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Gabrielino Freshmen in a Class by Themselves : Education: Teachers and administrators at new high school also welcome challenges. First-year students start their own traditions.


When word got around Mark Keppel High School in Alhambra that social studies teacher Sharron Heinrich had applied for a new job, some of her colleagues called her a traitor and an opportunist.

Heinrich did not plan to leave Mark Keppel for just any school. She wanted to join forces with Alhambra's rival, the new Gabrielino High School in neighboring San Gabriel, which had broken away from the Alhambra district to open its own high school.

"People were saying, 'How could she do this? That school is never going to make it. I hope she'll be stuck there,' " Heinrich remembered. The school's chances for long-term survival were uncertain at best; San Gabriel had lost its first rounds on the issue in court. But Heinrich was determined to take the risk, for the chance to create a high school curriculum from the ground up.

Being the first ones in has its joys for students too.

This is perhaps the only high school where the freshmen are at the top of the heap--because there are no upperclassmen. And after all, how often do freshmen become student government president and vice president, as Mae Castro and Gerome Guerrero already have done? That won't look too shabby on college applications.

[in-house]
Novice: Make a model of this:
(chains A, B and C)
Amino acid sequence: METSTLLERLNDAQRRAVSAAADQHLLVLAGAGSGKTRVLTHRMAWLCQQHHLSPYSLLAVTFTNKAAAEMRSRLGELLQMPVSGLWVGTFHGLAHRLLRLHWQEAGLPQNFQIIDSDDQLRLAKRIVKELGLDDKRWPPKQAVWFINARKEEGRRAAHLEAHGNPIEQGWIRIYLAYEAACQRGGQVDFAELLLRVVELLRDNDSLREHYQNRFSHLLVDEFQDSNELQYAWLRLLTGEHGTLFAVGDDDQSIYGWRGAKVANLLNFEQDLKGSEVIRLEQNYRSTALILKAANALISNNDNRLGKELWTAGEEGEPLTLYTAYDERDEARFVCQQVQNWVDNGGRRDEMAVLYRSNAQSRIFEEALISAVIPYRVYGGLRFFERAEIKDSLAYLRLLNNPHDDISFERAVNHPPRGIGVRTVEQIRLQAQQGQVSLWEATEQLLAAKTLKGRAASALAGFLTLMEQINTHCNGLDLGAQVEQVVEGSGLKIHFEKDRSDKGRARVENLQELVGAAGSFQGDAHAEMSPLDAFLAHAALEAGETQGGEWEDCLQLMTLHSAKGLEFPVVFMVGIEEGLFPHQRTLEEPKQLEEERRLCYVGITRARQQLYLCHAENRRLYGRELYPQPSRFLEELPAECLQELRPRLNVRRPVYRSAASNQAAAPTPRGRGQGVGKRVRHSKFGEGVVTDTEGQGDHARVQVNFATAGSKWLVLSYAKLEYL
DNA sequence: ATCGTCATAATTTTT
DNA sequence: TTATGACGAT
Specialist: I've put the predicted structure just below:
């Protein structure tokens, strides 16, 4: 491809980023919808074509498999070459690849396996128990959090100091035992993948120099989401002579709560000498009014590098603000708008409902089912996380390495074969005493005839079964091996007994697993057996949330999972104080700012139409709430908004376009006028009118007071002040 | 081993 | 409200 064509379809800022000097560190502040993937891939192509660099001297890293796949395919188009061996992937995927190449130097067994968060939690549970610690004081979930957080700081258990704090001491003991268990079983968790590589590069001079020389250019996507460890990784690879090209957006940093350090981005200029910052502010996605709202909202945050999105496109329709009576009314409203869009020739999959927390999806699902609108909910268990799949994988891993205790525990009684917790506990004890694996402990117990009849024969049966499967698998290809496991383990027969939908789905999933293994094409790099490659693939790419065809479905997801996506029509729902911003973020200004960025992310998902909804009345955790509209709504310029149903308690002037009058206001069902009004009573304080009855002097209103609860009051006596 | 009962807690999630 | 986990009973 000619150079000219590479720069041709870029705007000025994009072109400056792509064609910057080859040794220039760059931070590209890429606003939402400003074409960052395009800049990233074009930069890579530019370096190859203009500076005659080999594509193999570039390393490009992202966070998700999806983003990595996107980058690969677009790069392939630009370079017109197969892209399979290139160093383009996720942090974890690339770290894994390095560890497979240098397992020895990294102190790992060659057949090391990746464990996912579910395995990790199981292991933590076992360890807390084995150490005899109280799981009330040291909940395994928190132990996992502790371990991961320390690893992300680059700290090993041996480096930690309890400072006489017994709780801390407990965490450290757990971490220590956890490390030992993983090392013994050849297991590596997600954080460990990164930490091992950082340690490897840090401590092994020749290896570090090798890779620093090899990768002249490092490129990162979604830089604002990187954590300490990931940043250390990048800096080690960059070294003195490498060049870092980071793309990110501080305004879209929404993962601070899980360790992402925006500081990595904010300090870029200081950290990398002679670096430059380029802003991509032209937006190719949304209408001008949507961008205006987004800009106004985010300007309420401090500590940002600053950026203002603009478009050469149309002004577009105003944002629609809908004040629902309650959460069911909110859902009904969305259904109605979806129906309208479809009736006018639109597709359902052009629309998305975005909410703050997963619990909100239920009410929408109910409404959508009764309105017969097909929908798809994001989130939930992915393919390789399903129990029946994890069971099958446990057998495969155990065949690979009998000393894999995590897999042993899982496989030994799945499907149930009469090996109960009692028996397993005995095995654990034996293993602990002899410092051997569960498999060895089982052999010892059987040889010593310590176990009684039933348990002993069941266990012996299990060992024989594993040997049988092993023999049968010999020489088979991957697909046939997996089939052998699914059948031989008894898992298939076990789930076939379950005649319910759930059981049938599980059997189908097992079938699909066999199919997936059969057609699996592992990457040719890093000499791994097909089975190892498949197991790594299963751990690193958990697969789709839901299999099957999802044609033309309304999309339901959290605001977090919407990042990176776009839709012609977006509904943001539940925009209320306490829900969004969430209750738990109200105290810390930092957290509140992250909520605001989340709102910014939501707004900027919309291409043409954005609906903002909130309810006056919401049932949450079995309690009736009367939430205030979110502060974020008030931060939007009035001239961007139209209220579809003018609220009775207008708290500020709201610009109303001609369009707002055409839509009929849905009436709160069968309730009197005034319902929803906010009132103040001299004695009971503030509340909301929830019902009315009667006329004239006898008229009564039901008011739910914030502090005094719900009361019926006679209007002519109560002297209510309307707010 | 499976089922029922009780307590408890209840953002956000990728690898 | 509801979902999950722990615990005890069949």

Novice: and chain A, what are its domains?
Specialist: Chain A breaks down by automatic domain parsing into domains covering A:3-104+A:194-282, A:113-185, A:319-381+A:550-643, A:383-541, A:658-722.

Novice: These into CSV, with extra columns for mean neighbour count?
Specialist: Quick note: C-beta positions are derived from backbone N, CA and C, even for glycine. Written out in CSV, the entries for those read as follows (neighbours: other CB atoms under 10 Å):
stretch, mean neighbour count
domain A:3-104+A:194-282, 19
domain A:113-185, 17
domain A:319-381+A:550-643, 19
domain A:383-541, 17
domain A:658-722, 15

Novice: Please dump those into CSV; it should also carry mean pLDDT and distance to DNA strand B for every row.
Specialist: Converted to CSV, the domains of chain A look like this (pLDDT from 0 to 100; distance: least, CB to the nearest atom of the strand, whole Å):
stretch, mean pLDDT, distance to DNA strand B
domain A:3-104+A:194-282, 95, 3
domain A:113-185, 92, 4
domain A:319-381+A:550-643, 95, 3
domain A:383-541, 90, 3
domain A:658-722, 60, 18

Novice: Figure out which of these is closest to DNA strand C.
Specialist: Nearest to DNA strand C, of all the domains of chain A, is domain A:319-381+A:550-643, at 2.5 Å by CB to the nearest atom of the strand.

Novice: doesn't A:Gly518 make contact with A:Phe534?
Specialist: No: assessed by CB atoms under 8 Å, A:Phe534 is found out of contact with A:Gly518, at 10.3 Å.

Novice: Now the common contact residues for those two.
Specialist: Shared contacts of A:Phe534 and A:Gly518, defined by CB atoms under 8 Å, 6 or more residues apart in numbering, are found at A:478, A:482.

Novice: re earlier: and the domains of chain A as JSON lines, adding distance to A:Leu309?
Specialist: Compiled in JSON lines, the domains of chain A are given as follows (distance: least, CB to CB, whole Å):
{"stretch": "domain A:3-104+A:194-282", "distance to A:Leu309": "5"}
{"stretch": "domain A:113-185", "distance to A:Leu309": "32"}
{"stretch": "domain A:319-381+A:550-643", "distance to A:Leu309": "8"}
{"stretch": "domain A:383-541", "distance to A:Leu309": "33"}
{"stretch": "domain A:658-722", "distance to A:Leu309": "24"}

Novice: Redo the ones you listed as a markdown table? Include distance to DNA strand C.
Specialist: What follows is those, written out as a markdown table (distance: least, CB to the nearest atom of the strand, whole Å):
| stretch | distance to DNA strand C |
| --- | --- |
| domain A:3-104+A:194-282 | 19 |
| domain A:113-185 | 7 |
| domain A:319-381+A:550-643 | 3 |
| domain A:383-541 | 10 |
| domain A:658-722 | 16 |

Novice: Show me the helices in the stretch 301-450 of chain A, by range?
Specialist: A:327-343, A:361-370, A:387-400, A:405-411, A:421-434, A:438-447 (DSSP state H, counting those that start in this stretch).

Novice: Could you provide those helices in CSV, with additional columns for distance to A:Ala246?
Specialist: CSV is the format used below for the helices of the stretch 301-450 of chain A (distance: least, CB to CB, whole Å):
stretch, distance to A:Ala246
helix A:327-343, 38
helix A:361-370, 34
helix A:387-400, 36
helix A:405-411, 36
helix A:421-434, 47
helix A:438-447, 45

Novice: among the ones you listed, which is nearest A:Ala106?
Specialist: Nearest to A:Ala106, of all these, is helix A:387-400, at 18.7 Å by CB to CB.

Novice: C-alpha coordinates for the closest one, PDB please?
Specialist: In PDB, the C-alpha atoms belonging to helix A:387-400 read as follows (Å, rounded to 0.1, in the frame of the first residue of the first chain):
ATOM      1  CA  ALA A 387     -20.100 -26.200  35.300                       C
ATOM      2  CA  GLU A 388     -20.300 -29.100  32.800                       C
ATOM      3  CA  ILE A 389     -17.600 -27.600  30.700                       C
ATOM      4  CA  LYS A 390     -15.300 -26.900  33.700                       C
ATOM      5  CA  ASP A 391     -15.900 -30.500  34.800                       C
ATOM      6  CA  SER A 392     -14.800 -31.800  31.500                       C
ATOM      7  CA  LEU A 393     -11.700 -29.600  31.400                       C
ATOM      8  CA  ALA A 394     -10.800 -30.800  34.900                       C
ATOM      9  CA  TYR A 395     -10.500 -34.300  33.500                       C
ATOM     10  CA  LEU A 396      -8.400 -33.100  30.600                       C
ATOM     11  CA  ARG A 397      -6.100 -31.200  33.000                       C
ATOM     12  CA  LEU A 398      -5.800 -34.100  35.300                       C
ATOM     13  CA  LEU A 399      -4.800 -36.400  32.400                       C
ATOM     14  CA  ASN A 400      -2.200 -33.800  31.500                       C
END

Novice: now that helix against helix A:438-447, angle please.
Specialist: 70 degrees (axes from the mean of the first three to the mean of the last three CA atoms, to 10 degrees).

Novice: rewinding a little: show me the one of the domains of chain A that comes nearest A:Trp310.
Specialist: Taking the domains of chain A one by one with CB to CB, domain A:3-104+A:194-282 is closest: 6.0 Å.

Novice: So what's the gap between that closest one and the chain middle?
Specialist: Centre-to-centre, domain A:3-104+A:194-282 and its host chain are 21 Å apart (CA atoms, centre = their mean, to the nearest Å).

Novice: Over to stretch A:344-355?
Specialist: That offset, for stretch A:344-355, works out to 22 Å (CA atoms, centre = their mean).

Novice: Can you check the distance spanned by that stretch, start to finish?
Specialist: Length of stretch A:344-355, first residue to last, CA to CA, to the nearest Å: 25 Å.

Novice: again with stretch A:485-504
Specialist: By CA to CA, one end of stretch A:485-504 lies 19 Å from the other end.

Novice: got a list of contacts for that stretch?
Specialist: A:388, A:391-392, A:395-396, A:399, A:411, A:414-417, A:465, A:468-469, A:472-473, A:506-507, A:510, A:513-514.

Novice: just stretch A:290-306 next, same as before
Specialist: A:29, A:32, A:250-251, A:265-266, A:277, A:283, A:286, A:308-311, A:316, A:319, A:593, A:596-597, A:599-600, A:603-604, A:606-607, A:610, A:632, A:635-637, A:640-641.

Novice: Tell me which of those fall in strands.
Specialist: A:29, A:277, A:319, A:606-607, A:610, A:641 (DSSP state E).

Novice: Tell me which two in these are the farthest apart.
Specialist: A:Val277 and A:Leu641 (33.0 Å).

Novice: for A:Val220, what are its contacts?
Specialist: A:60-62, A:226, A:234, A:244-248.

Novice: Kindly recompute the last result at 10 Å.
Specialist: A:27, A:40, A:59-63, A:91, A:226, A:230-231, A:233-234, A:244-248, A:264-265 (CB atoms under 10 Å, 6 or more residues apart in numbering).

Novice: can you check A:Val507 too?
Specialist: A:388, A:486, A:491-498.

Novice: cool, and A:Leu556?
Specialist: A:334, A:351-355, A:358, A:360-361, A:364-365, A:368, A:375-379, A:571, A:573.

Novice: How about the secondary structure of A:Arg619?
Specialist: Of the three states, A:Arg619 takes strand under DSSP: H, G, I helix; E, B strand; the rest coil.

While younger students at established high schools might be too intimidated to get involved in school activities, Gabrielino's freshmen are the elected officials, lead thespians and team captains.

These students do not have to worry about feeling unnoticed or being teased by older students. "It's better this way because no one here picks on you," said Jessica Lieu, 14.

Vince Lopez, Gabrielino's football coach, said there were 45 students on the freshman team, while most schools have 30 to 35 players.

"Some of the kids may not have made the cut at another school," he said. "But we've got enough coaches to have a big team."


The students play against other freshman football teams and have won two of four games so far.

It's high-school culture with a twist. The only band is beginning band and there is no marching band. The school yearbook will have no section on graduating seniors until 1998.

"But that will all come with time," Principal Dan Mooney said.

There also are no longstanding school jokes or annual traditions. If there are no upperclassmen to put the freshmen down, there also are no older students to serve as examples for the future.

"There's no tradition and no history," Lopez said. "They have to rely on our experiences."

There is, of course, no guarantee that Gabrielino will exist next year, let alone in 1998.

The Alhambra City and High School District has already won its first battle in Superior Court against the State Board of Education, which permitted San Gabriel to exclude Alhambra residents in their vote for a unified school district in 1992.

San Gabriel had its own district for kindergarten through eighth grade, but sent its teen-agers to Alhambra for high school. Gabrielino was opened in September, pending the state board's appeal. The case is scheduled to be heard in appeals court this spring.

Gabrielino's students and teachers, however, are not dwelling on the what ifs .

"We're making history," said Michael Valdez, 14. "That feels good."

If Alhambra wins the board's appeal this spring and Gabrielino is closed, Heinrich said she will not regret her move.

"We took a risk to be here and we may fall flat on our faces," she said. "But if we don't, it's all been worth it."

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